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I bought a circular saw recently. I noticed that sometimes as I finish a cut, the saw throws the free end of the board forward a couple of feet. Most of the time, the board just drops as expected, but every now and then, it gets projected. It doesn't seem like a huge deal, but I was curious to know if there is a technique to prevent this.

The wood I am cutting is SPF. I believe I've usually seen this happen when I am cutting off smaller pieces, from 2" to 12" in length. I am making crosscuts across boards that are 2" to 3" wide, and I make the cut in about 1-2 seconds.

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    Is this dimensional lumber? Or some kind of laminated wood like plywood/OSB? How much wood is at the end, getting cut off? Also how fast are you moving the saw through? – TylerH Oct 27 '20 at 13:52
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    Also if you haven't yet, it's always good to watch a video or two on YouTube of someone using a tool if you are having issues with using it. I like this guy, personally (no affiliation) youtube.com/watch?v=jDfpl1_I904 (video is "circular saw 'pro' tips"). I think he also has a 'basics' video, too. – TylerH Oct 27 '20 at 13:53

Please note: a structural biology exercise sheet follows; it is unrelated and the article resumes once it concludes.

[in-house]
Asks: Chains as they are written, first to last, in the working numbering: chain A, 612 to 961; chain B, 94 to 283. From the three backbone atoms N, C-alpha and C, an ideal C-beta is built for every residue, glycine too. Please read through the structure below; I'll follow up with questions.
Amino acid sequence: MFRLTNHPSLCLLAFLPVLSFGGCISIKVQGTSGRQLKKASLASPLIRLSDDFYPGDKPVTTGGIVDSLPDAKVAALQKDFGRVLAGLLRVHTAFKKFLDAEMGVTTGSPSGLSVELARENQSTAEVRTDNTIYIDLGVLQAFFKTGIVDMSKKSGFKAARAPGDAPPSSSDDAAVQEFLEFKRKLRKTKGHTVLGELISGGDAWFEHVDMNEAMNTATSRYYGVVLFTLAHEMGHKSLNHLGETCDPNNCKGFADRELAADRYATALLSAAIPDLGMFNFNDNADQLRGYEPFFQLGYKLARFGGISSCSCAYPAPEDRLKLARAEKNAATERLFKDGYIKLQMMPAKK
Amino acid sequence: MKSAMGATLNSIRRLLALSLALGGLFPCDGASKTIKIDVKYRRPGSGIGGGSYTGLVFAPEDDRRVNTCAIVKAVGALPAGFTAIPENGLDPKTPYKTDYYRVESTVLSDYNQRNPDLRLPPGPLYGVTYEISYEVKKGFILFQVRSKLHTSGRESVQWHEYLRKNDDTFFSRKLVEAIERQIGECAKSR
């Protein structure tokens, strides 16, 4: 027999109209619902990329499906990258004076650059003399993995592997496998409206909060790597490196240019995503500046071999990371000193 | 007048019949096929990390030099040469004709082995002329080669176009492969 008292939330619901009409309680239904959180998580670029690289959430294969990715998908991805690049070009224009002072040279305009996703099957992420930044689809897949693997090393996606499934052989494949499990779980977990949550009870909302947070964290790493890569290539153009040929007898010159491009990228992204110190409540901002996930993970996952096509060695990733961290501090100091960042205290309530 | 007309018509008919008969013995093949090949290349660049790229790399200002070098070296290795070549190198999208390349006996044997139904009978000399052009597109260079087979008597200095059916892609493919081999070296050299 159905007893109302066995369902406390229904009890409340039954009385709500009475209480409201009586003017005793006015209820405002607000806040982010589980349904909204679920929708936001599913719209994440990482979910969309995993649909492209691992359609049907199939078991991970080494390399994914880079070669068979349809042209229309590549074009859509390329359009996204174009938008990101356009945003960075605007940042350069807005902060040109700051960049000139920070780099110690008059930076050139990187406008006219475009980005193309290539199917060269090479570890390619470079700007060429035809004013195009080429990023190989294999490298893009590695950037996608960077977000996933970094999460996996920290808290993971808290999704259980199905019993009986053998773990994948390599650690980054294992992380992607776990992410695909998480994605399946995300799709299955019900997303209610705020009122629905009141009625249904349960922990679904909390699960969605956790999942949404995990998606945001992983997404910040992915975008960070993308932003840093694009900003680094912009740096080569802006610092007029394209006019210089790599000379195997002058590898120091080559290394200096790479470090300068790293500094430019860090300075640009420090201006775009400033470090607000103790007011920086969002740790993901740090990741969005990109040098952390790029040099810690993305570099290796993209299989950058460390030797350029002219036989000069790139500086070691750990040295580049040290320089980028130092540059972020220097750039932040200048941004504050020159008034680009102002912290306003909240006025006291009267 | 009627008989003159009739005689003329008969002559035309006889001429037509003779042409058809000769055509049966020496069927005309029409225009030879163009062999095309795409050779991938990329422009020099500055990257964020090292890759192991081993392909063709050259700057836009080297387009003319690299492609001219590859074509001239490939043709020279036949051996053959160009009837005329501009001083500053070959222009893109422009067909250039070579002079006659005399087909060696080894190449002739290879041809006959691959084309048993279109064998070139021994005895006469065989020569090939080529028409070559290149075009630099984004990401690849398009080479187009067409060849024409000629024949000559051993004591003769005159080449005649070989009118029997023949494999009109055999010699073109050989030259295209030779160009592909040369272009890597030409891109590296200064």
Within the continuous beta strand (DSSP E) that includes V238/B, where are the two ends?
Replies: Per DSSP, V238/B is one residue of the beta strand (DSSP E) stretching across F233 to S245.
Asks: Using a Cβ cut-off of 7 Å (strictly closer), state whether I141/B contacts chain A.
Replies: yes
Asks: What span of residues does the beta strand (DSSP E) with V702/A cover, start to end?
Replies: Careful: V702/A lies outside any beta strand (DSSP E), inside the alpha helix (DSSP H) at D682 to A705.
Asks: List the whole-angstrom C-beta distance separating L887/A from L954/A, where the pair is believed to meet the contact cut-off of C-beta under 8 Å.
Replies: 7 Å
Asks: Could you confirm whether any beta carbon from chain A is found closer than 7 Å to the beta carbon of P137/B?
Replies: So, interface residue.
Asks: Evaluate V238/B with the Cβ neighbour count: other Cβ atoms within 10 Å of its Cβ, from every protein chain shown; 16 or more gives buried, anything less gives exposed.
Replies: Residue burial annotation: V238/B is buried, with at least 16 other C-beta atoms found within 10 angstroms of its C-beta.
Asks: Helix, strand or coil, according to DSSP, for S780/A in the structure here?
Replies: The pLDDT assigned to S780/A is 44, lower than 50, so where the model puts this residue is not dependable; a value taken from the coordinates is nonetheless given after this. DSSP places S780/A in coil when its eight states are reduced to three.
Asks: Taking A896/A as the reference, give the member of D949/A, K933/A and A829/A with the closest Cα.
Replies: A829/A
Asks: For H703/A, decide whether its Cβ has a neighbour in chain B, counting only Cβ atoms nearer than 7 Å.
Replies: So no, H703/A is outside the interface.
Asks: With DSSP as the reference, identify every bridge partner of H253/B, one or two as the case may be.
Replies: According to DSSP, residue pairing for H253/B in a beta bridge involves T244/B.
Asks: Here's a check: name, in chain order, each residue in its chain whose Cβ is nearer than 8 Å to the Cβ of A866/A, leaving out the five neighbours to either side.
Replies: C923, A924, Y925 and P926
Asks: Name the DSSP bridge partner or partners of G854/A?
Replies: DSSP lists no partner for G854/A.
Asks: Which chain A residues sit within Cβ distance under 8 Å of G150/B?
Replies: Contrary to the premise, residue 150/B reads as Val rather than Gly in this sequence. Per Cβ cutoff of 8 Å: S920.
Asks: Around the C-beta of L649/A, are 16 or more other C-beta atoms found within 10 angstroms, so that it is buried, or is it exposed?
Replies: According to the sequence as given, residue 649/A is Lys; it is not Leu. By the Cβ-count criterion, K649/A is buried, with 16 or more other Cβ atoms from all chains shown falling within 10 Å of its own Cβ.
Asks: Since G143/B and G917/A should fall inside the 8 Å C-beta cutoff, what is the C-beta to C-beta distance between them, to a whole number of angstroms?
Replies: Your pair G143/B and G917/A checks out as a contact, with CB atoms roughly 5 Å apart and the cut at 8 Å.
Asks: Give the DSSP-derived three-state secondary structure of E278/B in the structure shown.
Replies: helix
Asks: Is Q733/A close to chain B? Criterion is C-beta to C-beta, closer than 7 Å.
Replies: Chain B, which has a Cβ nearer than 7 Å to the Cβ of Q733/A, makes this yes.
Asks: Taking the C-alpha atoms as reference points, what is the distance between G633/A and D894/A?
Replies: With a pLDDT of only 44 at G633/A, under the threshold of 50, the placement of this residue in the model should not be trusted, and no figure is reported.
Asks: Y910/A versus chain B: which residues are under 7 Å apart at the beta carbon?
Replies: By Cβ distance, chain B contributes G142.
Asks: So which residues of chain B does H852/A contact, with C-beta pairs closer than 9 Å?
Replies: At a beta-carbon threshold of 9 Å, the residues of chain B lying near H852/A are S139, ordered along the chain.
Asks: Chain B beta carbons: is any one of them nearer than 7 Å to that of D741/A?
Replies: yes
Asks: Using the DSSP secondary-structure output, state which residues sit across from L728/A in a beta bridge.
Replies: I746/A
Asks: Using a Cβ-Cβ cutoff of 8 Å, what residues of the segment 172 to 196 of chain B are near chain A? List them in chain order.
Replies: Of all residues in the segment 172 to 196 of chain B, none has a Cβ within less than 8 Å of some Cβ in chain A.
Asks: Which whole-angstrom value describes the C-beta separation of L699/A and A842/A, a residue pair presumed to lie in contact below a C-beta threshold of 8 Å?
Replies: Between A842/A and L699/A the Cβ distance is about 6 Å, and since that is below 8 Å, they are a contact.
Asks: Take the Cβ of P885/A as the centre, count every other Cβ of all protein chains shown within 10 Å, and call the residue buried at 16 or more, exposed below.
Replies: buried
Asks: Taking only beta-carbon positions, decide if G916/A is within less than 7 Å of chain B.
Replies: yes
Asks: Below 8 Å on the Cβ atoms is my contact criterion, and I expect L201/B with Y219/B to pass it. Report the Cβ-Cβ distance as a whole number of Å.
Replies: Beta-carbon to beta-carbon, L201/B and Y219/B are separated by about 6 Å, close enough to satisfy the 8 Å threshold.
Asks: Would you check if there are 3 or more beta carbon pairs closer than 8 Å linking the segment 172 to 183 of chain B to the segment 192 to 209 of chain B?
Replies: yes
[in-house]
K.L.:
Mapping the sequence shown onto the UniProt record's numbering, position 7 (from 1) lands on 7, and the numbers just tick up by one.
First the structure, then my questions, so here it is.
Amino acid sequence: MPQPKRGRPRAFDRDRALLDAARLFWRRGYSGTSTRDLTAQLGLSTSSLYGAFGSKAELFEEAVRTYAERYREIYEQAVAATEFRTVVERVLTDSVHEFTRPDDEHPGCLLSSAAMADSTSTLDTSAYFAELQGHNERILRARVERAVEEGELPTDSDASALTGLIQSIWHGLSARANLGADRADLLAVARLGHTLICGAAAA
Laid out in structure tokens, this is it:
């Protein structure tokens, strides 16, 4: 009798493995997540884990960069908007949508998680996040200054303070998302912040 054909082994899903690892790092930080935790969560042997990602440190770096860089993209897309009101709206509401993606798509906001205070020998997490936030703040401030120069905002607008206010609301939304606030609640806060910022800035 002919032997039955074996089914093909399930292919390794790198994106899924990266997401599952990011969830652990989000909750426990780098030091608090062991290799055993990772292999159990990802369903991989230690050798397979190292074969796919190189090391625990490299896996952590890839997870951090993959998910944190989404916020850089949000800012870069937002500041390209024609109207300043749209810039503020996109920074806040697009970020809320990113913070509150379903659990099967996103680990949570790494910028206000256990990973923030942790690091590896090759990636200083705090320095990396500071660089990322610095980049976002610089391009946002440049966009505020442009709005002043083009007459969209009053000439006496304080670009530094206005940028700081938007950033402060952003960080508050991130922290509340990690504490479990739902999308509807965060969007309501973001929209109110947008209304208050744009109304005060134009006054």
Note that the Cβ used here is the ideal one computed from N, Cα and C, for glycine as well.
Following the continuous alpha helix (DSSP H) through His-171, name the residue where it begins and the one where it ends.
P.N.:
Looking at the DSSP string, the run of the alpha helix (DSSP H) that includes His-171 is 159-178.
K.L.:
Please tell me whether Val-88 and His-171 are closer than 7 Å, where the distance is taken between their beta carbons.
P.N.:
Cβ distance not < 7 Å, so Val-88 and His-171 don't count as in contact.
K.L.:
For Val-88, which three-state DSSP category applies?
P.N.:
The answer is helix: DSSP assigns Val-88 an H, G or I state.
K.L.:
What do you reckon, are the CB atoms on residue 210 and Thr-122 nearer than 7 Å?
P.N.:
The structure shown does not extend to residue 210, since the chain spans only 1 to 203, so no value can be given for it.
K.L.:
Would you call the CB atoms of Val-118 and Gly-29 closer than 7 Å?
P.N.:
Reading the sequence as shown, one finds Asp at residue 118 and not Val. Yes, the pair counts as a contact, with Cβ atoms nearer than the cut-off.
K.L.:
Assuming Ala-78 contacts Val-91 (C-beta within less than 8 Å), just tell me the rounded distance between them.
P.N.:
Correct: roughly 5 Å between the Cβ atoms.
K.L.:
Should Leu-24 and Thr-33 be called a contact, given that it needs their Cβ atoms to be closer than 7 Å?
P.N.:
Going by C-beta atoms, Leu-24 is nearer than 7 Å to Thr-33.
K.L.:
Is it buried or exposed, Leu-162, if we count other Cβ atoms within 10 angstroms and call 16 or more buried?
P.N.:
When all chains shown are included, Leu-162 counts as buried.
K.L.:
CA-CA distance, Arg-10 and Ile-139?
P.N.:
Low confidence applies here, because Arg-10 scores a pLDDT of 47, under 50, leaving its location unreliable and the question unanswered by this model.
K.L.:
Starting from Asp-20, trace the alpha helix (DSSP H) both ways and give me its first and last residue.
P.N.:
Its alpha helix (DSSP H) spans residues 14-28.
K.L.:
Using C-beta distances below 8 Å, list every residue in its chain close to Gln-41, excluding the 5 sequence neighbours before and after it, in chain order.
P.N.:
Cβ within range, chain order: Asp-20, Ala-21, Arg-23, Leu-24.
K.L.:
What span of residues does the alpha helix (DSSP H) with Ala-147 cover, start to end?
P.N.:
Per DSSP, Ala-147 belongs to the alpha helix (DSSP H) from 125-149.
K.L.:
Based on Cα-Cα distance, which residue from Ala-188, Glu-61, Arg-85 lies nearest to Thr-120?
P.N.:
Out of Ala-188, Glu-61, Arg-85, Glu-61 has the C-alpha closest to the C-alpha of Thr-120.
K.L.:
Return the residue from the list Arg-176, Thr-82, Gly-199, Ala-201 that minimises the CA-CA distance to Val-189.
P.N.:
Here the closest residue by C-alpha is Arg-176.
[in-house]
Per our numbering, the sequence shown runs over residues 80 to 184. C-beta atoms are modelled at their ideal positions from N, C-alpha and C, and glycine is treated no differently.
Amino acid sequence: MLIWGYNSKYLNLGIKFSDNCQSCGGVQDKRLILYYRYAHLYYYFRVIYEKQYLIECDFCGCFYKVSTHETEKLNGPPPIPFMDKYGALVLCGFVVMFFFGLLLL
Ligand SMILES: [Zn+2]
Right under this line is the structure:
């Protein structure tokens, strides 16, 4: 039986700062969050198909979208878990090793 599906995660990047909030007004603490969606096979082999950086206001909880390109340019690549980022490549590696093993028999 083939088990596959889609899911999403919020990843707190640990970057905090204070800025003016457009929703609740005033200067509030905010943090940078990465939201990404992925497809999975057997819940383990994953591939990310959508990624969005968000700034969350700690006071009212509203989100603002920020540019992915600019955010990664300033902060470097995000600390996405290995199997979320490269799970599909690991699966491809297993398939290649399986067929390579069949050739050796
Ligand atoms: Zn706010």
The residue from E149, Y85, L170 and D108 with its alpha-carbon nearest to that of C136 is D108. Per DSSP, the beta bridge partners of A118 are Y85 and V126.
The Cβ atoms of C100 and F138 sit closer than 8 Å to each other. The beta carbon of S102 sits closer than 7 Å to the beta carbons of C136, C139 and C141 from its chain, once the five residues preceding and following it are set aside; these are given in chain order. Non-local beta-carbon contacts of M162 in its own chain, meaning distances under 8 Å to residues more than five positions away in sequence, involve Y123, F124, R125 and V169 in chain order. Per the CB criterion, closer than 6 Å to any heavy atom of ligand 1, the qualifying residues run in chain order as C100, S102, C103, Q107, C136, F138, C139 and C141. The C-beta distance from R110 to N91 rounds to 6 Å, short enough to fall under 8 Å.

• Updated the question with additional information to answer your questions. I am moving the saw somewhat slowly - perhaps I need to move it faster. Thanks. – plafratt Oct 27 '20 at 14:04
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    1-2 seconds for a cut is not 'slowly'. Faster than that is bad. Can you clarify if this is your meaning? And can you describe how the wood is positioned when you're cutting? (On the ground, sawhorses, offcut unsupported, etc?) – Aloysius Defenestrate Oct 27 '20 at 14:18
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    To add to TylerH's comment, anytime wood contacts the actual saw blade body (aka a pinch) then this can cause kickback. Wood should never touch the actual body of the saw blade because when you make a straight cut, the 'kerf' of the saw blade is clearing just enough space in the wood for the whole saw blade to slide through. If the wood pinches the saw blade body, it is not going to be cut and rather the energy of the rotating blade will transfer to the wood and cause it to move--kickback. This applies to almost any saw with a large saw body, including hand saws. – cchoe1 Oct 28 '20 at 17:10
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I learned this technique from my house-builder father from a young age: Do your cross cut (or any cut) normally but pause very near the end of the cut with the saw still running. Then focus on keeping the saw straight and zing the last bit. Use plenty of follow through as you shoot the saw away from the cut and the waste piece drops to the floor.

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